MARK RONSON: The set started with a catchy but alien instrumental track, “Circuit Breaker”, typifying Ronson’s new sound. Old favourites were not forgotten; one of Ronson’s enduring partnerships is with Phantom Planet frontman Greenwald, and their collaborative cover of Radiohead’s “Just”, is one of Version’s strongest legacies.
The O2 Academy in Glasgow is a far cry from the clubs of New York, and a slightly incongruous arena for the current Prince of Pop’s latest production, but this did not diminish the crowd’s eager anticipation of His Highness and his new retinue, the Business International.
Mark Ronson made his name on the New York club scene in the Nineties, moved into producing, and then – between stints fronting Tommy Hilfiger advertising campaigns – brought the world tracks such as Amy Winehouse’s version of “Valerie” (thus consigning the Zutons to the dustbin of history for anyone under 18).
Despite boasting an individual brand name, he is not a solo artist, and has written his new album Record Collection
– like the million-selling Version
–with a veritable army of collaborators, a select few being his current entourage.
Bordered by geometric red, white and black, Ronson appeared atop a podium - the quintessence of 80’s revival cool, the bandwagon on which he is currently riding to acclaim: peroxide quiff, mod-ish grey suit and enormous silver keyboard. The set started with a catchy but alien instrumental track, “Circuit Breaker”, typifying Ronson’s new sound. Old favourites were not forgotten; one of Ronson’s enduring partnerships is with Phantom Planet frontman Greenwald, and their collaborative cover of Radiohead’s “Just”, is one of Version’s
The show was angled for maximum crowd-pleasing, commercial value; a revue of well-rehearsed, recognisable tunes interspersed with the most instantly accessible tracks from the new record. The crowd was dominated by under-21s but there were a select handful who clearly had appreciated Ronson’s oldest hit, “Ooh Wee”, on its first outing. Ronson’s initial aloof nonchalance gave way to a frenetic performance, the immaculate coiffure lasting about as long as his first set of drumsticks.
This onstage energy emphasised Ronson’s change in sound – moving from the horn-based covers of Version
to the bass-, percussion- and synth-heavy original tracks of Record Collection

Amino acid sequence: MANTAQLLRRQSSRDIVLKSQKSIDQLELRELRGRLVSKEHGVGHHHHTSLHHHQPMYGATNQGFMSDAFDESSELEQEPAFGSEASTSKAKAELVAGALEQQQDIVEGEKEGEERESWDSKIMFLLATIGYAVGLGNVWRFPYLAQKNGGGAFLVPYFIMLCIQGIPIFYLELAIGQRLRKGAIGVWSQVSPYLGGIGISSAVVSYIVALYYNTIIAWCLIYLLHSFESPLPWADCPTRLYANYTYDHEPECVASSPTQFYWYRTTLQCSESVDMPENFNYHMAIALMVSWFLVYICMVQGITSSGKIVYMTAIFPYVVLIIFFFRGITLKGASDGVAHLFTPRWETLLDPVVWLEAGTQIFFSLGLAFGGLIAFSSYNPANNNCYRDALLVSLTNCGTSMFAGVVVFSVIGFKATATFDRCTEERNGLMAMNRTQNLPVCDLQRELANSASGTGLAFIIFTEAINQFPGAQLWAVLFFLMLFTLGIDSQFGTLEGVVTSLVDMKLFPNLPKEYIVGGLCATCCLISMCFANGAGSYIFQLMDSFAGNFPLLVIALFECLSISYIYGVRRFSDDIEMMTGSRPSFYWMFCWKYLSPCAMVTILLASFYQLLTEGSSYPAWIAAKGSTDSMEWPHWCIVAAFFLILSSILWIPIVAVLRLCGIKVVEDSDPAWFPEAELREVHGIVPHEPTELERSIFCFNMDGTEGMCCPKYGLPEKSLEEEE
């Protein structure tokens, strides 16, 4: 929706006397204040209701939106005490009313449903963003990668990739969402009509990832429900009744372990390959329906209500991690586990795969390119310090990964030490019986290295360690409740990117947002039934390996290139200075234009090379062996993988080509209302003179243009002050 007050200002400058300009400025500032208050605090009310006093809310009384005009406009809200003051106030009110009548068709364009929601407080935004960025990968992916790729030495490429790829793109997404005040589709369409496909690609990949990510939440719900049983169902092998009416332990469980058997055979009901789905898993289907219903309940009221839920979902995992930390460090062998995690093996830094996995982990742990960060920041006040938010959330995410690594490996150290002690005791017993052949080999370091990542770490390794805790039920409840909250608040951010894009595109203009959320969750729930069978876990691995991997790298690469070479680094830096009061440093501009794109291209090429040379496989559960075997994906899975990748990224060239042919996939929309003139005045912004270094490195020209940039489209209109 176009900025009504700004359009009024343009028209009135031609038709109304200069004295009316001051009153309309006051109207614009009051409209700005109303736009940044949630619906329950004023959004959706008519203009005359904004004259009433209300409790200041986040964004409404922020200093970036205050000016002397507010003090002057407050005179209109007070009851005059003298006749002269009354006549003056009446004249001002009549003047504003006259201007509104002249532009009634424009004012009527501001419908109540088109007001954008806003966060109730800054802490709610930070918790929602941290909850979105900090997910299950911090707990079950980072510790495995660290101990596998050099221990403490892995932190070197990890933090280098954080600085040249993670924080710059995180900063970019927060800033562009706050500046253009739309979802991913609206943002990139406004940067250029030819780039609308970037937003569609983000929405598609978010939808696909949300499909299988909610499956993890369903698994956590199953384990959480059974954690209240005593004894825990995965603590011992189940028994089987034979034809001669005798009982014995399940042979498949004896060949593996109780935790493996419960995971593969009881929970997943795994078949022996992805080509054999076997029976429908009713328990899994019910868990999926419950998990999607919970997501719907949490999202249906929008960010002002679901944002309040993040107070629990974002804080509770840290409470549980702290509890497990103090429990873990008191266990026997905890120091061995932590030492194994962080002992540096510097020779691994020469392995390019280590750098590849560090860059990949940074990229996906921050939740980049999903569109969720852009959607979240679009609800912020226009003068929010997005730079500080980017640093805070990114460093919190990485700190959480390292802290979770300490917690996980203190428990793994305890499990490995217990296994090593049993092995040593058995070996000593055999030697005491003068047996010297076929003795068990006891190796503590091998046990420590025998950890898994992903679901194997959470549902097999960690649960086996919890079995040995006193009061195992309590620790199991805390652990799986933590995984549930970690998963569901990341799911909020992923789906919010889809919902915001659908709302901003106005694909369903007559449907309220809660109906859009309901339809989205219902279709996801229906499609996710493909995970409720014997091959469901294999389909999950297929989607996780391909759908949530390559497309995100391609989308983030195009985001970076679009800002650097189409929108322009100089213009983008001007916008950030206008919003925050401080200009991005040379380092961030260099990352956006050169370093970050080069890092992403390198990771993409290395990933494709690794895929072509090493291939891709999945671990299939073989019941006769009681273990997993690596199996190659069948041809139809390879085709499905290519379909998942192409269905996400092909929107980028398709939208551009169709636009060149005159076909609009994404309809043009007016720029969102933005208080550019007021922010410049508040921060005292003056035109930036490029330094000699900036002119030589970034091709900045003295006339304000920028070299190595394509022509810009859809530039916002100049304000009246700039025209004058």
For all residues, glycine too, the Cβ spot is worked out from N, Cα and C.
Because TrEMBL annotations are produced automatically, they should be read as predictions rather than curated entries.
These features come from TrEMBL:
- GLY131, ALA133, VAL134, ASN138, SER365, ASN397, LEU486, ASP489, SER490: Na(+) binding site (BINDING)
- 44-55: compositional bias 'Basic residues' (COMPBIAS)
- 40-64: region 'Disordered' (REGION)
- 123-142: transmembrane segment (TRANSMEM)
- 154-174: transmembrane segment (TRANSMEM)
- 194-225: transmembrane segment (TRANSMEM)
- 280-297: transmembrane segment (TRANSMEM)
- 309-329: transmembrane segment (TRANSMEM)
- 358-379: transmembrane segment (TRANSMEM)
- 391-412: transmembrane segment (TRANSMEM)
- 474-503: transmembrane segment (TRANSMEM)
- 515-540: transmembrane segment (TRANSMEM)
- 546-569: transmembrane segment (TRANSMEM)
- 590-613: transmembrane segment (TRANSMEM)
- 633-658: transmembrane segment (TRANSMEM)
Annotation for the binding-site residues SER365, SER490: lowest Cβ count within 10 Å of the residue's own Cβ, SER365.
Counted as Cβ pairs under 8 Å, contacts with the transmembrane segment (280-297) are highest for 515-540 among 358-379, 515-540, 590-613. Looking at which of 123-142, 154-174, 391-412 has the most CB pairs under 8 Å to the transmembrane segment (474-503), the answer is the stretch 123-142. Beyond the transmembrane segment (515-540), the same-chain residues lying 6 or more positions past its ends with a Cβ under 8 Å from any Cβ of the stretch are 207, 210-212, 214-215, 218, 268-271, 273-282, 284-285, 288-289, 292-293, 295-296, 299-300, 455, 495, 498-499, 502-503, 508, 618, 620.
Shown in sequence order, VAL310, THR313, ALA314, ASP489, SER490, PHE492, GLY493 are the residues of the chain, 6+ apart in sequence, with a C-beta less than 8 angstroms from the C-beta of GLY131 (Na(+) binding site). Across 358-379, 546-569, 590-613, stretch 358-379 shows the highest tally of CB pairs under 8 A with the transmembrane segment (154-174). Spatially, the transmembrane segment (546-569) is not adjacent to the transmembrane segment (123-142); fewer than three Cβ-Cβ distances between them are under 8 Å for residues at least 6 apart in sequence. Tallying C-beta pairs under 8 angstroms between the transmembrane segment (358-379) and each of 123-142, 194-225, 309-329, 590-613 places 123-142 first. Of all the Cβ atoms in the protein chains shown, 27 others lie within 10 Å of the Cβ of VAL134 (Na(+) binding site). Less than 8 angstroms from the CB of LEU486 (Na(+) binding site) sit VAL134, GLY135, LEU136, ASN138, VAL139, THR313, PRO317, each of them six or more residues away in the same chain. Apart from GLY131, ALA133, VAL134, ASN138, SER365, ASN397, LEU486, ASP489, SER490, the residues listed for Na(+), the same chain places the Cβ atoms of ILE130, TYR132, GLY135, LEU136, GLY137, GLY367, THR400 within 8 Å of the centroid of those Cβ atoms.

. The new album is far more of a pop record, pandering to current vogues in retro keyboards – noticeably in “You Gave Me Nothing” and instantly recognisable big intros, like that of the saccharine but enjoyable hit single “Bang Bang Bang”.
Despite this new perspective, Ronson does not ignore his hip-hop roots on the current tour, with Philadelphia rapper Spank Rock a major part of the show. When Ronson took to the decks mid-way through the set, he continued the 80s theme, sampling Depeche Mode and Duran Duran, but also incorporating Method Man and Pharoahe Monch. It demonstrated that DJing is still what he does best, and made musical talent, not fashion-conscience – the indubitable highlight of the night.
The Business International is obviously for Ronson exactly that, a business enterprise. The eponymous track of the new album includes the lyric, ‘I only want to be in your record collection’ and suggests he is aware of the dichotomy between chart success and musical credibility. However, Ronson still retains all his skill as a DJ and producer, and enlisting creative expertise in song-writing for Record Collection
has resulted in a slick pop album, that just about clings on to his signature style while ticking all the boxes for chart success. The current tour reflects this in its energy and feel-good factor. When Ronson tells us in Transatlantic tones, ‘Glasgow, this is the best show of my life!’ we don’t believe him for a minute, nevertheless, it’s good un-old-fashioned fun.
Mark Ronson and the Business Intl (including Alex Greenwald, M.N.D.R., Elinor Rose Dougall, Spank Rock and others)
Touring until 30th October 2010